- Case Summary

University / Undergraduate
Modified: 28th Jun 2001
Wordcount: 496 words


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Legal Case Summary

Summary: The case focused on the indefinite detention of deportable aliens under U.S Immigration law.


Two litigants, Zadvydas (a resident alien since childhood) and Ma (a lawful permanent resident), could not be deported back to their countries, Lithuania and Cambodia, respectively because these countries refused to accept them. They remained in United States custody far beyond the statutory 90-day removal period.

Both petitioners filed suits in federal courts, which resulted in differing verdicts. The Fifth Circuit upheld Zadvydas's detention, while the 9th Circuit held that Ma's indefinite detention was unconstitutional.


The core issue pertained to the interpretation of a provision in the U.S. Immigration and Nationality Act, which provides the Attorney General with the power to continue the detention of certain aliens. The question put before the Supreme Court was the constitutionality of indefinite detention periods for immigrations cases.


Zadvydas v. Davis set a critical precedent and clamped down on limitless detention of immigrants who could not be deported, using the principle of constitutional avoidance where a statute is interpreted so as not to infringe the Constitution. Its legal principle has been extended to other cases, including detention of terror suspects. However, the issue of immigrant detention has continued to present legal and ethical challenges.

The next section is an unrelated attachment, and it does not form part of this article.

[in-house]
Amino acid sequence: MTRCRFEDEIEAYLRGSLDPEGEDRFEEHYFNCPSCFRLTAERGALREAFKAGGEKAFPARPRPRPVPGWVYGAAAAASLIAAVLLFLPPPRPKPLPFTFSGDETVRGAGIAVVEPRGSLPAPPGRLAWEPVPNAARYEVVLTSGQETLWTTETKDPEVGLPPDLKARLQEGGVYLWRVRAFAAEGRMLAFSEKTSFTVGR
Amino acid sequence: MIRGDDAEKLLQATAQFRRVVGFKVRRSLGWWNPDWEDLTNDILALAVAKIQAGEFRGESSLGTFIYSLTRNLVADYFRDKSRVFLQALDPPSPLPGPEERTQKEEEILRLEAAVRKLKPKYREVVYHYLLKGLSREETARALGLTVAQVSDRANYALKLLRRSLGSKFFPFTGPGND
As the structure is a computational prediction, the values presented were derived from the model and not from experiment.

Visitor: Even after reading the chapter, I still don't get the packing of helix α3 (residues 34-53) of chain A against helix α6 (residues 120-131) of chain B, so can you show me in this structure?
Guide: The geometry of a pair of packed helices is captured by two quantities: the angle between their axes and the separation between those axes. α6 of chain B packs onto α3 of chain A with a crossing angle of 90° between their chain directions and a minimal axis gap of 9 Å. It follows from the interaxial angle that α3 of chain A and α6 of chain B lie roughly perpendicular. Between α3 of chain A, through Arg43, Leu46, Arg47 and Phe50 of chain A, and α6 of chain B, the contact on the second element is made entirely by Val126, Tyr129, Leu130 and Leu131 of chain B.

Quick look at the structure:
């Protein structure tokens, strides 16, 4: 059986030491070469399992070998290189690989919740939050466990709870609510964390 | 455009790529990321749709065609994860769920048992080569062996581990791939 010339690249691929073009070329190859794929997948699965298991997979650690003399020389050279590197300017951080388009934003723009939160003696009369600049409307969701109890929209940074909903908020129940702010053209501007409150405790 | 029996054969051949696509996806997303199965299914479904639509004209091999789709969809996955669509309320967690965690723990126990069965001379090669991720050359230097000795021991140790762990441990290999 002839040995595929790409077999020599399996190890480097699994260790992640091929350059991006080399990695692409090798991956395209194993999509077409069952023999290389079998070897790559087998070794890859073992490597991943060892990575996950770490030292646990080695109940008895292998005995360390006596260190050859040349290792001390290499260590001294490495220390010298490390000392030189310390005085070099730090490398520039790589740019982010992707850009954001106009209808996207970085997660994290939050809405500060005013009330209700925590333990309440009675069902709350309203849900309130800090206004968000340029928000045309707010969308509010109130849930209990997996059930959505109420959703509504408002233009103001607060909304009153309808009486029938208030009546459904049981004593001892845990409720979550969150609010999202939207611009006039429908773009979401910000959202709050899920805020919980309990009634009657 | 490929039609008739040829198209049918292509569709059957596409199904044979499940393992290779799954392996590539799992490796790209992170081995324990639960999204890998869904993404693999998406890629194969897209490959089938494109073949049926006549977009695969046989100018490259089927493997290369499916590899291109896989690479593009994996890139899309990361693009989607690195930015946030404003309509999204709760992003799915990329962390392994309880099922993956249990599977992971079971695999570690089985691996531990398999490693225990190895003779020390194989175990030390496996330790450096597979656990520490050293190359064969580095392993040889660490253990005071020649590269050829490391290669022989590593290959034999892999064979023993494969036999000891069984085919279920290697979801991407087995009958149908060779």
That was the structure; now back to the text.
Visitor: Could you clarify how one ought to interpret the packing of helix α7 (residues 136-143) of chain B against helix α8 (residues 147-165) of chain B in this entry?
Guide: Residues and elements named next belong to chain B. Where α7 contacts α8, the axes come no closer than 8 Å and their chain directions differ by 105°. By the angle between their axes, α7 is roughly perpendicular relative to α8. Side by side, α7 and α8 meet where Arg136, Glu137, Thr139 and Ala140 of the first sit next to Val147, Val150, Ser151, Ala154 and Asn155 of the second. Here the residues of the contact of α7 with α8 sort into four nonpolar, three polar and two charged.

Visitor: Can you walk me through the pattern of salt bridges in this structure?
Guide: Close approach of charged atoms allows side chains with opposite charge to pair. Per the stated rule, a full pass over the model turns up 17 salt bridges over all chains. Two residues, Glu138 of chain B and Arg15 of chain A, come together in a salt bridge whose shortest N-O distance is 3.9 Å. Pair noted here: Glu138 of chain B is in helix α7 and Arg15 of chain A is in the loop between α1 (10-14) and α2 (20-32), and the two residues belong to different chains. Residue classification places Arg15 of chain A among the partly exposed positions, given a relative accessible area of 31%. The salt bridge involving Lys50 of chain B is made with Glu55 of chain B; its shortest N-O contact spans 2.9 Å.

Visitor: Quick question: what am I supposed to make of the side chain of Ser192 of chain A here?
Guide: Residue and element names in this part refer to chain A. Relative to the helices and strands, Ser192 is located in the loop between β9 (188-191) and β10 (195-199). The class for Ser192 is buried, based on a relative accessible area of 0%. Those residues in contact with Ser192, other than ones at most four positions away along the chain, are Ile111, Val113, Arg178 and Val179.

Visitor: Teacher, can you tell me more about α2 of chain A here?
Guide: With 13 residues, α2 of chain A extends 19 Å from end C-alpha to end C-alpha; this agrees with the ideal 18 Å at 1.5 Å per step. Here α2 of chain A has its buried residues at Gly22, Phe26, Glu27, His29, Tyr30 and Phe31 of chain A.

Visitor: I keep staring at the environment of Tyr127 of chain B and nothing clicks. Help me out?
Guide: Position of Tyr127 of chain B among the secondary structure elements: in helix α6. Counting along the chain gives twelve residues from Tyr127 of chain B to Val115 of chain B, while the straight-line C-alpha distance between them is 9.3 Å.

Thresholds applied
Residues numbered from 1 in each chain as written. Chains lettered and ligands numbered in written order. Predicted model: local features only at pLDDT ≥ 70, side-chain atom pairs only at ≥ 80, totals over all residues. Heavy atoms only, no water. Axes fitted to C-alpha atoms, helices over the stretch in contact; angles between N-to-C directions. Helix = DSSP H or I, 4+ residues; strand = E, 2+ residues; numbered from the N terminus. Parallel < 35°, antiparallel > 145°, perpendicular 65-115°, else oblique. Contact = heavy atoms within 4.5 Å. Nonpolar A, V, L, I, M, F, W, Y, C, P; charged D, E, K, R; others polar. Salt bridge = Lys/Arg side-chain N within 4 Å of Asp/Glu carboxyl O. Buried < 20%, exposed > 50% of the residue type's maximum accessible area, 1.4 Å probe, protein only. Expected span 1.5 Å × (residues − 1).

The Supreme Court, in a 5-4 ruling delivered by Justice Stephen Breyer, held that the statute does not permit indefinite detention. A statute, permitting indefinite detention of an alien, would cause a serious constitutional problem. The Court applied the principle of constitutional avoidance and interpreted the law to contain an implicit 'reasonable time' limitation, the presumptive limit being six months.


  • Zadvydas v. Davis, 533 U.S. 678 (2001)
  • U.S. Immigration and Nationality Act, 8 U.S.C. ยง 1231(a)(6)

Journalist Brief

In Zadvydas v. Davis, The Supreme Court of the United States ruled that indefinite detention of immigrants who cannot be deported is unconstitutional. The case revolved around two residents who couldn't be deported because their home countries refused to accept them. After being kept in U.S custody for a longer period than allowed by law, they took their case to court. The Supreme Court ruled that barring exceptional circumstances, a six-month detention is reasonable.


What was the decision in Zadvydas v. Davis?

Answer: The Supreme Court ruled that immigration statutes do not permit indefinite detention and a six-month detention is considered reasonable barring exceptional circumstances.

What is constitutional avoidance?

Answer: Constitutional avoidance is a legal principle where judges interpret laws in a manner that avoids constitutional issues.

How did this case impact immigration law?

Answer: It set a precedent that indefinite detention of deportable immigrants constitutes a violation of the Constitution.

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